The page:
Finally, I came clean. I accepted that I might never be the girl who has the outward breakdown, but that didn’t mean I wasn’t having a breakdown worthy of help.
I learned that the outside doesn’t always match the inside.
Just because a girl is able to appear pulled together doesn’t mean she’s NOT suffering as sorely as the girl who can’t get herself out of bed. Just because she’s extremely high functioning day to day doesn’t mean she’s not in dire pain and doesn't need support.
A good friend of mine recently commented on another friend’s escalating issue with ceaseless panic attacks with:
“Well, she’s doing fine at work -- so what’s the problem?”
The problem is while she’s not failing in her work-life -- she’s suffering every f*cking day. She’s living in fear of the next panic attack. And we can't measure our mental health to how well we're doing at work. The two are can exist as entirely separate entities.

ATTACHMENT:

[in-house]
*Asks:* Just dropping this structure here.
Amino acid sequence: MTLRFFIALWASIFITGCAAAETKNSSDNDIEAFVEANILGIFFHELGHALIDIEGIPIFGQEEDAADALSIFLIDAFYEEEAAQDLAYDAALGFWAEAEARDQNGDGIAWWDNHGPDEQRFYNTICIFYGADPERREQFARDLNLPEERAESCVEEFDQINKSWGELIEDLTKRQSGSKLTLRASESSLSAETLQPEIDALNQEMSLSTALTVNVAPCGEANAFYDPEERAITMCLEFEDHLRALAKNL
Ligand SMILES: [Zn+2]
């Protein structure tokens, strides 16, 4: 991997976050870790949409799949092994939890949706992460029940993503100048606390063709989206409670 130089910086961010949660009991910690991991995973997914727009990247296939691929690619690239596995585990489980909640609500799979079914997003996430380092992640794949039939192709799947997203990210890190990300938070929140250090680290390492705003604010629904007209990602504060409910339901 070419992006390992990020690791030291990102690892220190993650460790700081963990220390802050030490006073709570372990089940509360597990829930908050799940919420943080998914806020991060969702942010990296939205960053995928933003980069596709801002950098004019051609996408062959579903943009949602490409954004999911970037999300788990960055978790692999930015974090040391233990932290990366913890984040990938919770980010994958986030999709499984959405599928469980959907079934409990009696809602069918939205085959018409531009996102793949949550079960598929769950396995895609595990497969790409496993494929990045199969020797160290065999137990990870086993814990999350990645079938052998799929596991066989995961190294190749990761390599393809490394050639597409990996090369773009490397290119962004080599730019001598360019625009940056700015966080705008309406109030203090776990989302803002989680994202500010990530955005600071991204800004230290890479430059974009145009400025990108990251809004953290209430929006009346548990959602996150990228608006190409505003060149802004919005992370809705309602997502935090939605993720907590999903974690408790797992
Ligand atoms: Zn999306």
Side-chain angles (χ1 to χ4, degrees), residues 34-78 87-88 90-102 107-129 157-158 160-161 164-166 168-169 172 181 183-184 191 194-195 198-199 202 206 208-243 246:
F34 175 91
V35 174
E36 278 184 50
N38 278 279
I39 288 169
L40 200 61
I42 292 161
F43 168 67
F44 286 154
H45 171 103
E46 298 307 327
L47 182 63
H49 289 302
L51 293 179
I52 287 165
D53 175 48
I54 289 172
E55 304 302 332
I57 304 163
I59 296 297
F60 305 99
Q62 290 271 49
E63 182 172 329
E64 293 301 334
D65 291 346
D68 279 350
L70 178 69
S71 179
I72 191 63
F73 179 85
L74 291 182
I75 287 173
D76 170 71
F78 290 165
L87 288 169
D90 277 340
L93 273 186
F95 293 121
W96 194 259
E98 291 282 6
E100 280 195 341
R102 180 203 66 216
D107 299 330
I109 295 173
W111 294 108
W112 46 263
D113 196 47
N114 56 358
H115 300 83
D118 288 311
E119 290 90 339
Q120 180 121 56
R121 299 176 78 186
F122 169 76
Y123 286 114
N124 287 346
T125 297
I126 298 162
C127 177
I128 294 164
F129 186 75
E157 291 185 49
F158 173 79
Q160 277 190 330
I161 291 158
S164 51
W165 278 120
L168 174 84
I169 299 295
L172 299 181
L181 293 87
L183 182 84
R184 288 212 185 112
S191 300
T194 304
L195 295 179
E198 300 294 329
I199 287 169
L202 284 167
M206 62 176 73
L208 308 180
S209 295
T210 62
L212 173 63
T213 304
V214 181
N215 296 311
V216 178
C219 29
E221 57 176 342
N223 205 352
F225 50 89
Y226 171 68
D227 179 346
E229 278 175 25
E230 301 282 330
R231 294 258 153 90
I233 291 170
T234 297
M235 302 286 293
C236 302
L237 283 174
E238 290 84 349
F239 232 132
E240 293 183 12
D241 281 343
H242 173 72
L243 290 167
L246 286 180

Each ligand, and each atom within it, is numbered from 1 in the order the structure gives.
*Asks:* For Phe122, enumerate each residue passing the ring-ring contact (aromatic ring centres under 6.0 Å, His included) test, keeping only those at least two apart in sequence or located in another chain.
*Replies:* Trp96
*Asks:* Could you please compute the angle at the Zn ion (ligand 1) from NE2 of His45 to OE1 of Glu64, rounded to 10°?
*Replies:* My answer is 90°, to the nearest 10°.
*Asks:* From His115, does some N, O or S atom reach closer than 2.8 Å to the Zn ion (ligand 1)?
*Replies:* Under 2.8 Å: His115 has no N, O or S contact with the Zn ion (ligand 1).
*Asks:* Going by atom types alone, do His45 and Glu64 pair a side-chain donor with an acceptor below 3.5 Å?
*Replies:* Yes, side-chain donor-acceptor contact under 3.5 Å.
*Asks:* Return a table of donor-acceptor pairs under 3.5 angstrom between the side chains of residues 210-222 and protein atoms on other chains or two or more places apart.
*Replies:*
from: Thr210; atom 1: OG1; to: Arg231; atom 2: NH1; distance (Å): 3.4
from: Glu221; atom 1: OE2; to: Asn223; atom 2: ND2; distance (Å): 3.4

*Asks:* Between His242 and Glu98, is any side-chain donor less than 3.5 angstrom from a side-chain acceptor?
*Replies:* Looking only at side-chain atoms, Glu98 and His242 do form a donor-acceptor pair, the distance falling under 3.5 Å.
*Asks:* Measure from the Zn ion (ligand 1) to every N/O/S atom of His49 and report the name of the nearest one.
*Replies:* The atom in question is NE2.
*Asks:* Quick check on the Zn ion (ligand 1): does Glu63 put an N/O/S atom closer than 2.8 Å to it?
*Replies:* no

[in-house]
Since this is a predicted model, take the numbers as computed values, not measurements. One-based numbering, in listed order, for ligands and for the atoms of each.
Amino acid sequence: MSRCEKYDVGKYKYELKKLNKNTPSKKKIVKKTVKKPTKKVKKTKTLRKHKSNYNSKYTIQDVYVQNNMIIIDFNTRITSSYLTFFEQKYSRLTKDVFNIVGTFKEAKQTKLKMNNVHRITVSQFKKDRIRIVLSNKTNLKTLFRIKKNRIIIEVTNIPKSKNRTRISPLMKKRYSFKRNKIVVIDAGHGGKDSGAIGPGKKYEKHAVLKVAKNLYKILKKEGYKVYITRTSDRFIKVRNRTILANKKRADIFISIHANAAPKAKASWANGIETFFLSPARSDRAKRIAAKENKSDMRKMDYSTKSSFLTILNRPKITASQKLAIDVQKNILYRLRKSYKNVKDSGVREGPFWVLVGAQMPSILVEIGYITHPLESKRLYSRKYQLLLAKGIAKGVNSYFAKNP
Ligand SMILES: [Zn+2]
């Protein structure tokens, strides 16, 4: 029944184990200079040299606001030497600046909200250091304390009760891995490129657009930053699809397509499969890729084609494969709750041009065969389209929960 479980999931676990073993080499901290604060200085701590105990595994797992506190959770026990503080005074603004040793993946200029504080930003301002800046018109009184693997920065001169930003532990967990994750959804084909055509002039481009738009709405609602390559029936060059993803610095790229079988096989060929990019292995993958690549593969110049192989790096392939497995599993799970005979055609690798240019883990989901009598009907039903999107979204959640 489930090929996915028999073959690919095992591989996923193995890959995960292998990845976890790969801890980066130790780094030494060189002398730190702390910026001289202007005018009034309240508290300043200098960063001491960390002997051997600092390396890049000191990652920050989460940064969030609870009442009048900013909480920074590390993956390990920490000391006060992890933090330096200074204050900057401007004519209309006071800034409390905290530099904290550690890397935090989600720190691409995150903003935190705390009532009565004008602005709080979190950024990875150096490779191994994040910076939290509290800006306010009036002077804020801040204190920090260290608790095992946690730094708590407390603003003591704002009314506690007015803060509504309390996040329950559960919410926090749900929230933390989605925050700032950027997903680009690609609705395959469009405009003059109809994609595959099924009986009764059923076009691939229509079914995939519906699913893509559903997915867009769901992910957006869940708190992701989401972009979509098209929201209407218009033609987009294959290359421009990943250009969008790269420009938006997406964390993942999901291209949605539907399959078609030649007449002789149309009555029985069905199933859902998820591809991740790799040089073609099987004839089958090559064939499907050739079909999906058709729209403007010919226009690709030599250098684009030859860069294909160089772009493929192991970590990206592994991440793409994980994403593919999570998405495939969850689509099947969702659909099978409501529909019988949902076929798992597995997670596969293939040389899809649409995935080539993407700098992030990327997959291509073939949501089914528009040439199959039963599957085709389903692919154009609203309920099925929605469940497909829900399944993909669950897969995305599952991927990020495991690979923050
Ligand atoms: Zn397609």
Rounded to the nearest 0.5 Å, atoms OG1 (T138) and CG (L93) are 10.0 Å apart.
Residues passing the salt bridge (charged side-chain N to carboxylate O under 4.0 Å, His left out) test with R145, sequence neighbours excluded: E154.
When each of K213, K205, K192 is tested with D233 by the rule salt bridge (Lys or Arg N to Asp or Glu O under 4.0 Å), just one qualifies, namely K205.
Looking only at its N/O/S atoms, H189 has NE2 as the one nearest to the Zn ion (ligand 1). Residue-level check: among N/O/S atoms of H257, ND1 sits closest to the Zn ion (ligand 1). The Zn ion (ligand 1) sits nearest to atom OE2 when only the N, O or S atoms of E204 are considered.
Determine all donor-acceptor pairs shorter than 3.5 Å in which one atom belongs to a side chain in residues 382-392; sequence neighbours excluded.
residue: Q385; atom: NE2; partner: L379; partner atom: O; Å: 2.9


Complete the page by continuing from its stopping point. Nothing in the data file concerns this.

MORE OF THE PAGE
I’ve come a long way. I’ve gone to therapy. I’ve dared to finally look in the mirror. I’ve learned to breathe, and take time for myself and nurture myself when I'm falling into the pavement. But I couldn't have done it without getting help.
Had I kept suffering silently, I would have eventually ran myself into the ground.
The main lesson I’ve taken away in this life is that nothing, nothing is as it appears. When you’re hurting inside, when you’re anxious all the time, something is wrong.
You don’t have to be shackled to your house unafraid to leave the confines of your bedroom with the blinds drawn in order to be going through something painful.
Girls, all girls, are gifted with killer instincts. If your gut is telling you you’re not okay, please listen to it.
The most beautiful, sacred quality we all collectively have within us, regardless of our age, is that wise inner woman. If she’s broken, or sad or teeming with fear and dark thoughts -- nurture her. Get her the help she deserves.